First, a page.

This is becoming an annual exercise. And note, it's not the most ground-shaking transfers, which would be nothing more than naming the 15 biggest names to switch teams (a.k.a. Astana 2008 preview). Chimps have been trained to do that. And I'm not a chimp.
No, this will hopefully give you something to chew on over the cold, quiet weekend. Also, these are in no particular order.
1. Tom Danielson, Disco → Slipstream
How he'll do: Potentially very well. Danielson's breakout year has been put off enough times to make one wonder if it's ever coming, but the fact is he's a proven climber, and 2008 has been resoundingly declared THE year of the proven climber. He's also not buried on the team depth chart for the first time in forever. If he stays healthy (the holy grail here), Danielson will get way more attention than ever before.
Who else it affects: Mostly his sponsors. They're likely for at least two grand tour invites; given the upward profiles, Danielson might get them some exposure. Really, if he can carry a sorta-fledgling team to a grand tour podium, he might be the single most important rider to any team anywhere.
2. Magnus Backstedt, Liquigas → Slipstream
How he'll do: Good god, who knows? Ask his shoulder. Or his back. Or his knee. But the guy doesn't have a cobble on his bookshelf for nothing. With Slipstream, he'll be set free in Flanders.
Who else it affects: Sponsors (same as above, different events). Swedish fans. Danielson too? Hey, GC guys are going to need some wind protection.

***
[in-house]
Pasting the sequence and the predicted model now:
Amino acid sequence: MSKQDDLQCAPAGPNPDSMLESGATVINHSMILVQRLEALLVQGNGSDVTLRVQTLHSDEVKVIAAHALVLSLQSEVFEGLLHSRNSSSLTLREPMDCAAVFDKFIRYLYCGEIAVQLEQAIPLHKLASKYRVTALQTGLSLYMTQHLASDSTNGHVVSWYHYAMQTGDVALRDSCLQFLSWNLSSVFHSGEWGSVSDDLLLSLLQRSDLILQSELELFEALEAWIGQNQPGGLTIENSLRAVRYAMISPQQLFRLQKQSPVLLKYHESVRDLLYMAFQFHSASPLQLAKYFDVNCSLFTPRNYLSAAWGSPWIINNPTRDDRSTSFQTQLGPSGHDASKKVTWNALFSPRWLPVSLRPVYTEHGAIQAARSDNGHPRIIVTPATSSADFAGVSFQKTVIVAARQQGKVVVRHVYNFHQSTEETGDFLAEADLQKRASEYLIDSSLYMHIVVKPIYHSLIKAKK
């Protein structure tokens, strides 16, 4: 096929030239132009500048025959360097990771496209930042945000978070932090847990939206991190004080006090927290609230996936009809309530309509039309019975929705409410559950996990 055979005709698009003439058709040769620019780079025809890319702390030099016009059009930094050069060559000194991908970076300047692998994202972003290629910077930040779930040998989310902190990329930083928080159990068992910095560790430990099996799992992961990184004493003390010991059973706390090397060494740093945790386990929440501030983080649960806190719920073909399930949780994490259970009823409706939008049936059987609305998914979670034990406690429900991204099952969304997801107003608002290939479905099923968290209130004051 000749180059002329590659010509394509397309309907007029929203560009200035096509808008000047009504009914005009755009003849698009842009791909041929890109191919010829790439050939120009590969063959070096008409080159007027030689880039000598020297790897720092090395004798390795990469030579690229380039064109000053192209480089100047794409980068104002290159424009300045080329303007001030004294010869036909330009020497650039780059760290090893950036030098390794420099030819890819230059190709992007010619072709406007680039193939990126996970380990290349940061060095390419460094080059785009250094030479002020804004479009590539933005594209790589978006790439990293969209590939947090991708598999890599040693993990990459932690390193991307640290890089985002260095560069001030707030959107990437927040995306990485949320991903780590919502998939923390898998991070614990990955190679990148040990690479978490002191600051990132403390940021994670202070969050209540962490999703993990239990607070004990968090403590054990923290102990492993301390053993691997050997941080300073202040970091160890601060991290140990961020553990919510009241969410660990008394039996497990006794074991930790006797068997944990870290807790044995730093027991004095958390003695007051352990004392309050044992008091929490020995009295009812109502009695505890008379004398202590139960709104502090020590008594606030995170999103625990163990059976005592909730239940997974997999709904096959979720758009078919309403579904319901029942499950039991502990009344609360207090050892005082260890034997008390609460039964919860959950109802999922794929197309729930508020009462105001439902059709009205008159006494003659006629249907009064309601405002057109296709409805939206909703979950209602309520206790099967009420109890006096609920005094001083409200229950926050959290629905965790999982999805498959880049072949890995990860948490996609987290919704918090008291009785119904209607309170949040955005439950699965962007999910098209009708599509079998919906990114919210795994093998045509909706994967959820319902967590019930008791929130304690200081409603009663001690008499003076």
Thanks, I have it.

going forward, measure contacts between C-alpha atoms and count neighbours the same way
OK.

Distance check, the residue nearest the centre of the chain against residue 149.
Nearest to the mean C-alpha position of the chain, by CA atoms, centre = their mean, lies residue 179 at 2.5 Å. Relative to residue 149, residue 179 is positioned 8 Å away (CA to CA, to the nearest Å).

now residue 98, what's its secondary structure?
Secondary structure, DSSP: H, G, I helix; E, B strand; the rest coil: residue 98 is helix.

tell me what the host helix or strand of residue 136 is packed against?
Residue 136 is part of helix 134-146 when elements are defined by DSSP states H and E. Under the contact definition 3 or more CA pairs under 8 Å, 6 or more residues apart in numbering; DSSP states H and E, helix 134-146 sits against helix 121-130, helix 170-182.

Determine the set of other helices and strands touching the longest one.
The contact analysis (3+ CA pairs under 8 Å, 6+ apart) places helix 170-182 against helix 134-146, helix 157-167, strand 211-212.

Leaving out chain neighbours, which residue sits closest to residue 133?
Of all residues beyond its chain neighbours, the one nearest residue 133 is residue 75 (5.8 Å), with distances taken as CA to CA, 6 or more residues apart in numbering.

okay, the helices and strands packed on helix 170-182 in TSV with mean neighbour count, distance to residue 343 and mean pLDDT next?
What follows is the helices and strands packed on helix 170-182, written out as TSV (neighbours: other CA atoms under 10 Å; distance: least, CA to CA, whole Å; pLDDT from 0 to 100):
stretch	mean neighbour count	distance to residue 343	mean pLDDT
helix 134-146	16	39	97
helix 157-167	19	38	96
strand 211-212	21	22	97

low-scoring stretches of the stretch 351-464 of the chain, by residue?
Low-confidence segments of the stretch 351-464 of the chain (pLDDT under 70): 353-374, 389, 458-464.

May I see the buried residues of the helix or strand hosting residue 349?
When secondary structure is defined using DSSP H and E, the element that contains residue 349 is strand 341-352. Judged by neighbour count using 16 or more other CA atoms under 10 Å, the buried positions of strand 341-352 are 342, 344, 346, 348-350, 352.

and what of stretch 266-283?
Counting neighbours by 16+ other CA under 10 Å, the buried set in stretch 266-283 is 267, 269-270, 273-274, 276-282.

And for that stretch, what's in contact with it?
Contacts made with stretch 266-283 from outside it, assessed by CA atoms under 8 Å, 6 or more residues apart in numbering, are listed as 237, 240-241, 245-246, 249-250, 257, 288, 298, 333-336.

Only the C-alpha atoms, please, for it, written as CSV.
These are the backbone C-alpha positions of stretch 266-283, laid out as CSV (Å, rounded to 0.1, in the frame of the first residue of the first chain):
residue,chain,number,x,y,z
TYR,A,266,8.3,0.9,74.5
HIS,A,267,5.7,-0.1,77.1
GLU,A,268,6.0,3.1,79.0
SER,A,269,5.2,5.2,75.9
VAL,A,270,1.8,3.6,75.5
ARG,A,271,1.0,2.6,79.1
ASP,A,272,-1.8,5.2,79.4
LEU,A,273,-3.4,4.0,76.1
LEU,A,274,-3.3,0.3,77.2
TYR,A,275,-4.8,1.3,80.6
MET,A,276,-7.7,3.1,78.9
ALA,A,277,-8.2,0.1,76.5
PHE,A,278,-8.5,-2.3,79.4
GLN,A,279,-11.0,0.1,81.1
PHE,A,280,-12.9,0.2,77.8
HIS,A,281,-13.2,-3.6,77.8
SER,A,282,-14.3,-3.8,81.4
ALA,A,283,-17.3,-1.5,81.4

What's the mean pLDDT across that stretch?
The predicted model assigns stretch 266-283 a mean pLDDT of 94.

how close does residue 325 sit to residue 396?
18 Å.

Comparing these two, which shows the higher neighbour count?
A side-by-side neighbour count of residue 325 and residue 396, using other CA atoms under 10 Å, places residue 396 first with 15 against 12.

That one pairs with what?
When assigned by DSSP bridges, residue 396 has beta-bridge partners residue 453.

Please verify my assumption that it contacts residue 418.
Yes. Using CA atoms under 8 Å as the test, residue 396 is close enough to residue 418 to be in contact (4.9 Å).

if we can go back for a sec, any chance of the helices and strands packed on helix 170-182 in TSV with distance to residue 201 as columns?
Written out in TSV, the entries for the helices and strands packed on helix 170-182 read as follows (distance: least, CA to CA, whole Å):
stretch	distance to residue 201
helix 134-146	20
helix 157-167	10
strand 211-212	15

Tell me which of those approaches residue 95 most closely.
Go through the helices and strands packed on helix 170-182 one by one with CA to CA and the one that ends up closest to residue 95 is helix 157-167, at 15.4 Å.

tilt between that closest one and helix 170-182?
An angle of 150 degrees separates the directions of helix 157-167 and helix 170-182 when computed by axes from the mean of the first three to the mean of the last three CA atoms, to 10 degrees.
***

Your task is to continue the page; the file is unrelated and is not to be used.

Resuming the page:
3. Christophe Moreau, AG2R → Agritubel
How he'll do: Hm, his win in the Dauphine was impressive, and his subsequent aggression at the Tour showed he has a lot left in the tank. A strong bet to repeat in June, since the Dauphine is there for the taking and probably represents his peak.
Who else it affects: AG2R. They must be gutted losing him, eh? [Maybe not; see next entry.]
4&5. Vlad Efimkin, Tadej Valjavec → AG2R
How they'll do: Both guys know how to hang around a stage race. In his best-ever season, the 30-year-old Valjavec mastered the art of high GC finishes with almost no conspicuous stage results: 3rd in the Ruta del Sol, 2nd in Valencia, 4th in Paris-Nice, 7th in the Pais Vasco, 9th in the Dauphine and 19th at Le Tour. Efimkin, four years younger, is a vaguely similar rider, albeit with more of a climbers' pedigree after his stage win in the Vuelta trip up to Lagos de Covadonga.
Who else it affects: Lampre. Last man turn out the lights? AG2R may have got less French, but they've always been somewhat international. Now they feature a dynamic, Eastern European stage race duo.
6. Jose Rujano, Unibet → Caisse d'Epargne
How he'll do: A complete enigma. But I recall when he transfered to Unibet writing that he was making a mistake. If he was ever going to realize his potential, shouldn't he find a better fit, starting with no language barrier? Now he's in a Spanish outfit, run by two Spanish cycling masters, and headmanned by some of the country's brightest stars. Good people to be around, and with no pressure. Also, being 120 pounds has never been more of an asset than it will be in 2008. Now or never, Jose.
Who else it affects: Anyone? I suppose if he does really well, he could set off a weight loss fad and put some ice cream vendors out of business.
7. Jeremy Hunt, Unibet → Credit Ag
How he'll do: Gosh, I have no idea. At least he'll be allowed to race. That's gotta help.
Who else it affects: Thor Hushovd. Julian Dean skipped town, so Hunt could serve leadout duties in July. But Hunt is more dynamic than Dean -- he's an accomplished cobbles rider with lots of decent results around Flanders, so he and Hushovd can team up for some early season fun too.
8. Brad McGee, FdJ → CSC
How he'll do: It's been two hard years for the Aussie, a sprinter/chrono power rider with a pretty respectable resume. Let's see, solid rider spends a coupla years wandering in the wilderness, winds up on Riis' doorstep, and presto! Where have we heard this before?